Soon, in response to something he said, she told him, “You are a piece of work.” She then raised her camera to take his photo.  According to her, “Officer [Powell] just about punched the camera into my face.”  For weeks afterwards, her cheekbone where the camera hit her was sore.

According to Omai, the officer then threw her face down to the ground without even mentioning arrest.  He knelt on her back (breaking at least one rib) while the other officer stood on her ankles.  Officer Powell told her to give him her left hand which she claims was difficult because her arm was pinned between the railing and her body.  He then drug it backwards, scraping it until it bled, and restrained her.  Almost immediately, they took her to the local hospital. She says, “A CHP officer (higher ranked) came and photographed my scraped hand and the divots the handcuffs had made in my wrist, but he didn’t photograph the blood soaked into the car’s seat (as I had been handcuffed behind my back) or the blood on the paper on the examination room chair………….”

Her camera had been taken.  According to Omai, she saw officers examining it in the Eureka office but, although it works fine now, all the video that Omai had taken was erased.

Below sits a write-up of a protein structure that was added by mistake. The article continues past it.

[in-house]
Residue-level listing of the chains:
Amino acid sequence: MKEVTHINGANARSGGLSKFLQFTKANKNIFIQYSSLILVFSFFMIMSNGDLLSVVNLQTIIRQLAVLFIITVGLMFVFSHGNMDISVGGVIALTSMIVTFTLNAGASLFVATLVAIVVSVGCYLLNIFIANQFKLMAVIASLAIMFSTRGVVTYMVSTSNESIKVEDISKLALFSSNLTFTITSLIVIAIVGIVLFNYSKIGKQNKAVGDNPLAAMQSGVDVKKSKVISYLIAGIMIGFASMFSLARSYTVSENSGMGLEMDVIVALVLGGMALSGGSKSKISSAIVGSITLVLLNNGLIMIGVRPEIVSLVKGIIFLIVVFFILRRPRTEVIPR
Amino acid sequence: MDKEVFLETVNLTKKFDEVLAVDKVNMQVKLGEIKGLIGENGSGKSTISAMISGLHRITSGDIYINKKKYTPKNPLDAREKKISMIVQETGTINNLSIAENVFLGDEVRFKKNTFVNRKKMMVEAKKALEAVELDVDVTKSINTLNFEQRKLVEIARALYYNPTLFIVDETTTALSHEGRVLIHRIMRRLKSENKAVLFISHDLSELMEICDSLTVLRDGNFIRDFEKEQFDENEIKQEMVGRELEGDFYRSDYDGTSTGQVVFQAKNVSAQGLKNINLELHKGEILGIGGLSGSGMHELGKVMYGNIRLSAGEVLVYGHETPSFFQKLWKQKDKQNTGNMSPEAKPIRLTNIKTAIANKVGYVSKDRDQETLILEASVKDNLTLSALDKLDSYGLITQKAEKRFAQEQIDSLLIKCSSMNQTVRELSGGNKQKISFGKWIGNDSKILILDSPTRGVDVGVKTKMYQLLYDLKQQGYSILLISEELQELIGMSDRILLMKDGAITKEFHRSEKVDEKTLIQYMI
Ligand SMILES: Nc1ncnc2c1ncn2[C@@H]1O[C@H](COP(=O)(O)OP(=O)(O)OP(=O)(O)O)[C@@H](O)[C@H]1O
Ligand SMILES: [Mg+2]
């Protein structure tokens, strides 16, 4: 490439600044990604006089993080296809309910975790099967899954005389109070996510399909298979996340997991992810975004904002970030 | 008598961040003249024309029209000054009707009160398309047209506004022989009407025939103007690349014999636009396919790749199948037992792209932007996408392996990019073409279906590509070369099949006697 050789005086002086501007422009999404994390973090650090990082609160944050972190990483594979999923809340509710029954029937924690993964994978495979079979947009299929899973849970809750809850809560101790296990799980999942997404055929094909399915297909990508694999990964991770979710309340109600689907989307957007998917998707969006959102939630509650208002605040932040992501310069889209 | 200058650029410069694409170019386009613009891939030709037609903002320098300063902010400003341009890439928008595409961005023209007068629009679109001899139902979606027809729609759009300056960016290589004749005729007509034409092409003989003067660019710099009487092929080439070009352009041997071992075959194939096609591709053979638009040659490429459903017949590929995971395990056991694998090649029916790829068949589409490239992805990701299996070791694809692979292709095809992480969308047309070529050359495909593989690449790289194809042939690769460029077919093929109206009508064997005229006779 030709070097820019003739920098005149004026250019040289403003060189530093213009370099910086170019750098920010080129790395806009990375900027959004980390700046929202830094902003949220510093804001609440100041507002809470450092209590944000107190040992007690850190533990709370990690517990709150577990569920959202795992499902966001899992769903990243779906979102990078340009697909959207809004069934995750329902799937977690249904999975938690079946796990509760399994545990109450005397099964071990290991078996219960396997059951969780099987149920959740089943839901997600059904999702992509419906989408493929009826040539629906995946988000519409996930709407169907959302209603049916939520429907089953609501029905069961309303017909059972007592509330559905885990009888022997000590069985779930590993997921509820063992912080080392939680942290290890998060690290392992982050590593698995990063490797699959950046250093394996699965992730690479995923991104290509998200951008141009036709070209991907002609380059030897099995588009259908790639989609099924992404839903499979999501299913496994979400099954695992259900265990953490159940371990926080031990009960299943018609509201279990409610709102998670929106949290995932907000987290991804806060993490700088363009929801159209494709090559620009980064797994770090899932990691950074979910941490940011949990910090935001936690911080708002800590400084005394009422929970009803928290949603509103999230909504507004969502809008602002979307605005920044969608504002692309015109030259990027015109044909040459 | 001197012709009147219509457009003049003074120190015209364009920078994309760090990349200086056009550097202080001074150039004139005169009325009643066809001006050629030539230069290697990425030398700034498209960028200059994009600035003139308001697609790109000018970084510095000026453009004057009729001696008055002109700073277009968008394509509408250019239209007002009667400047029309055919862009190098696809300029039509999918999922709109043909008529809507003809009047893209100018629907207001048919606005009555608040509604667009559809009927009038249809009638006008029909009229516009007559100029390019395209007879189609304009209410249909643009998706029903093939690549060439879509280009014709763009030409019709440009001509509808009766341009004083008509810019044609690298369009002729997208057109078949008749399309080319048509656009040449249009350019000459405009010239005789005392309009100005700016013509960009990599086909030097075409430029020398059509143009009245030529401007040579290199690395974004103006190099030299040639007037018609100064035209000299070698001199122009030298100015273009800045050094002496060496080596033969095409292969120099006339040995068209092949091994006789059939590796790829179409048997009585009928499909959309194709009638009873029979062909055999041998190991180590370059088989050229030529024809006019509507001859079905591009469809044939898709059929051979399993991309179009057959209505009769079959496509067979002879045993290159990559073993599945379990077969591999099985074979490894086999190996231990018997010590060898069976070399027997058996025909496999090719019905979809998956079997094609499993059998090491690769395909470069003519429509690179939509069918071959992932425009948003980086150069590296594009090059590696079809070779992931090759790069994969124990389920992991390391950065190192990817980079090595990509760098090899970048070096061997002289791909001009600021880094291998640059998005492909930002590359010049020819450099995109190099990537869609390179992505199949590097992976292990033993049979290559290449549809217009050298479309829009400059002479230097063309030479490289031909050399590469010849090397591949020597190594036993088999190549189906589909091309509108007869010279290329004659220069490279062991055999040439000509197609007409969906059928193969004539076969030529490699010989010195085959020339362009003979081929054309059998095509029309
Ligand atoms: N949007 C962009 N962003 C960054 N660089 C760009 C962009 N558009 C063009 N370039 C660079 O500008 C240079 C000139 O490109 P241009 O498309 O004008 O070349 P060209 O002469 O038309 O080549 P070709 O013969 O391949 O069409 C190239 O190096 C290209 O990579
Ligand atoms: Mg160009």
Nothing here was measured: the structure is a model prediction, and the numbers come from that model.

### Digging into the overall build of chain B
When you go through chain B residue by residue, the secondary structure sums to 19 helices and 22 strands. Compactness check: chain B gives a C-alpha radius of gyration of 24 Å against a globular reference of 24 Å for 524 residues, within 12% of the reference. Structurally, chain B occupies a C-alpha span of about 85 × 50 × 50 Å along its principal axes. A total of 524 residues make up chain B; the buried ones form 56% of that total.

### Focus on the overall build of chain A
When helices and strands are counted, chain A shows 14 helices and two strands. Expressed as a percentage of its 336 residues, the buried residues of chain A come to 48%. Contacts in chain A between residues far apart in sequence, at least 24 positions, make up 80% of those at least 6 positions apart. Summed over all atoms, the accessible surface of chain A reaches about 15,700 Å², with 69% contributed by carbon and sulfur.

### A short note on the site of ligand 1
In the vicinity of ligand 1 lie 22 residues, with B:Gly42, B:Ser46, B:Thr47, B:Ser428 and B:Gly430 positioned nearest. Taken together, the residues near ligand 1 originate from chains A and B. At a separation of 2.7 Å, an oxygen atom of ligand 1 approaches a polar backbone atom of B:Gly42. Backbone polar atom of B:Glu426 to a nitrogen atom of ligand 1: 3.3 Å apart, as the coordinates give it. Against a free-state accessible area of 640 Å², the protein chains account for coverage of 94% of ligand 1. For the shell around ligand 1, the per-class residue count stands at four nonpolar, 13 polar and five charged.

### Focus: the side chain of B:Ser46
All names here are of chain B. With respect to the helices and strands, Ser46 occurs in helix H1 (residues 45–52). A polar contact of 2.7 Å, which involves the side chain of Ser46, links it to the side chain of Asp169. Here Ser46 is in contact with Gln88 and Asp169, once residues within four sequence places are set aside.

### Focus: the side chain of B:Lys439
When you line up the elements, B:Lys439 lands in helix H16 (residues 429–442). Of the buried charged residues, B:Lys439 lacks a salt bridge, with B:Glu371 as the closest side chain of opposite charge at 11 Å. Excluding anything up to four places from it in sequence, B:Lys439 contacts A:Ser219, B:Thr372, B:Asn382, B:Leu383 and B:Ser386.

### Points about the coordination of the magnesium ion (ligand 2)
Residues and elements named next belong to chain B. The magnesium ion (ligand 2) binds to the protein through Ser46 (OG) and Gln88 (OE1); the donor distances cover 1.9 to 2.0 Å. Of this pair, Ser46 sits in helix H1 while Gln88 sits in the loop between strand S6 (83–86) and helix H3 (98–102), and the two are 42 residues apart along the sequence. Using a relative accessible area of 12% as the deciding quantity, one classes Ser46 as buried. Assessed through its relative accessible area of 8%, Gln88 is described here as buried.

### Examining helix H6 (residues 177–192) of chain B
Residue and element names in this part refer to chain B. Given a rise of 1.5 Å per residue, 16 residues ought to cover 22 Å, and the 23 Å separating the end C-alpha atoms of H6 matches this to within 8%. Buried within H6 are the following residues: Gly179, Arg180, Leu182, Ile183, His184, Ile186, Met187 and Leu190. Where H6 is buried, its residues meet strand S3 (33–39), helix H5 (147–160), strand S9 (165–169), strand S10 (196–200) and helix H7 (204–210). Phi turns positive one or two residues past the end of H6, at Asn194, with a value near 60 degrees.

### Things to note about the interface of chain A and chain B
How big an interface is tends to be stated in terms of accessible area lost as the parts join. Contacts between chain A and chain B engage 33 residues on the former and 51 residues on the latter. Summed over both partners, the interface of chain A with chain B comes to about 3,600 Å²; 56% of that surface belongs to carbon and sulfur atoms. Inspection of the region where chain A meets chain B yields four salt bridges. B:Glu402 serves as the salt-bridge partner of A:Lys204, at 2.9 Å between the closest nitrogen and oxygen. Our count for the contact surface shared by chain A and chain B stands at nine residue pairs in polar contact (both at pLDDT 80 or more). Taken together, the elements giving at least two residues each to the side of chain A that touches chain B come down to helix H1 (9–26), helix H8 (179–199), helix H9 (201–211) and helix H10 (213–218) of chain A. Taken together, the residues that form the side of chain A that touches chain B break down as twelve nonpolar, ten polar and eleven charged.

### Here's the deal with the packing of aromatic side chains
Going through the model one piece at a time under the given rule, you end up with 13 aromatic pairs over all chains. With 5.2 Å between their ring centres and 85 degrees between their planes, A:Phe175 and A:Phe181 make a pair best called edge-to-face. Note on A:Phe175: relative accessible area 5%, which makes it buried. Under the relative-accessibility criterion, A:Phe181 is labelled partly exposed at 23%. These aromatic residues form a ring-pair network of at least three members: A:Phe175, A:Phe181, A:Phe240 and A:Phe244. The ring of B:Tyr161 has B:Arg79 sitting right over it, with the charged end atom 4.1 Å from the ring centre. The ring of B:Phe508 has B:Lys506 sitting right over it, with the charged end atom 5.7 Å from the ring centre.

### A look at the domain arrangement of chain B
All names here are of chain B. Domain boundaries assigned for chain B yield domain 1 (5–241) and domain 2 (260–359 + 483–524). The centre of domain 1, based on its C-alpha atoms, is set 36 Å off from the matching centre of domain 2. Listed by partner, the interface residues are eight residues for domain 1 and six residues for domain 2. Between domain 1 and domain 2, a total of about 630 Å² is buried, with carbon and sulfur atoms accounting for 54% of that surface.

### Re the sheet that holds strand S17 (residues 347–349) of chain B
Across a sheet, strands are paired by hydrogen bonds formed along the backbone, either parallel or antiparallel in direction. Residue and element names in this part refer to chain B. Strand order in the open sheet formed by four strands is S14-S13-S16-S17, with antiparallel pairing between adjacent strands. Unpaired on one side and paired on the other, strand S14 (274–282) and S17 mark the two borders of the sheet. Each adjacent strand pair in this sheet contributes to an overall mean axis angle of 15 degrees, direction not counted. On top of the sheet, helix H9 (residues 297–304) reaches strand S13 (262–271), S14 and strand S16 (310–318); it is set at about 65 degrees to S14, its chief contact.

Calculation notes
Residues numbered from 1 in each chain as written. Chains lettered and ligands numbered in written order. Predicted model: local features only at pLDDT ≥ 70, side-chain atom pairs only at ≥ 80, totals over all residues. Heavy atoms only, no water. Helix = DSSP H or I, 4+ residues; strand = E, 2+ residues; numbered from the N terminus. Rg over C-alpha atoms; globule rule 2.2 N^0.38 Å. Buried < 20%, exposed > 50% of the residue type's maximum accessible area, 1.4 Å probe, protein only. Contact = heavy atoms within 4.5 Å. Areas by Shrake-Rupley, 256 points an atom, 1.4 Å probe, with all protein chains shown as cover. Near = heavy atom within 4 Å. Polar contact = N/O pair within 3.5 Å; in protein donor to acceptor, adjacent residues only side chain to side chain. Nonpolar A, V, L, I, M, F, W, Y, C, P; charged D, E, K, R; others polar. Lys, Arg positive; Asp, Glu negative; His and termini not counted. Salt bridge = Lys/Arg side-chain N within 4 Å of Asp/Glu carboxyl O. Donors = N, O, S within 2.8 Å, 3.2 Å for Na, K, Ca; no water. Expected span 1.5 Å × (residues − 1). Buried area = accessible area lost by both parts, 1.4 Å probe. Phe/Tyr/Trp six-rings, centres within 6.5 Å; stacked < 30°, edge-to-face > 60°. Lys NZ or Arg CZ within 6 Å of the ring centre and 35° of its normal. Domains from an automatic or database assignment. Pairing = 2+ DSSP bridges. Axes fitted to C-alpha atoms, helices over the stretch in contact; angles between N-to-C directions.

Omai was never charged with her act of protest but only for her interaction with officers.

As a society, shouldn’t we ask ourselves, if the protest itself is peaceful, then what is society gaining by having law enforcement respond so forcefully to a 57 year old, 100 pound woman hanging bedsheets on a bridge?


Omai will be in the Garberville court this Friday morning, February 24th at 10 A.M.  Just as in her earlier court date, she welcomes anyone who would like to join her to show their support.

Top Photograph by Felix Omai



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  • I was representing her in an excessive force case which was set to go to trial this summer. It was her word against two officers and a Caltrans official, but we had found some inconsistencies between the officers’ deposition testimonies and the realities on the ground, and it would have been a very interesting trial. I will also say that I believed every word she said. She didn’t want to hurt her opponents in the lawsuit. She hoped they would learn from it. I’ll get into more details at a later time.

    • Eric, when I interviewed her about the case I too was struck by her lack of rancor and her willingness to admit to being a bit testy with the officer. I, too, believed her and felt her major concern was to convey to the officer and the government that there needed to be a better way of enforcing the laws than physically injuring peaceful activists.

  • For Goddess sake has it really been 4 years! They just kept pushing it back over and over! Those A$$Holes need to feel this! Even though Felix felt guilty for being snarky, it does not mean we should not push forward HARD on this now that she is gone. Her anger is my anger now.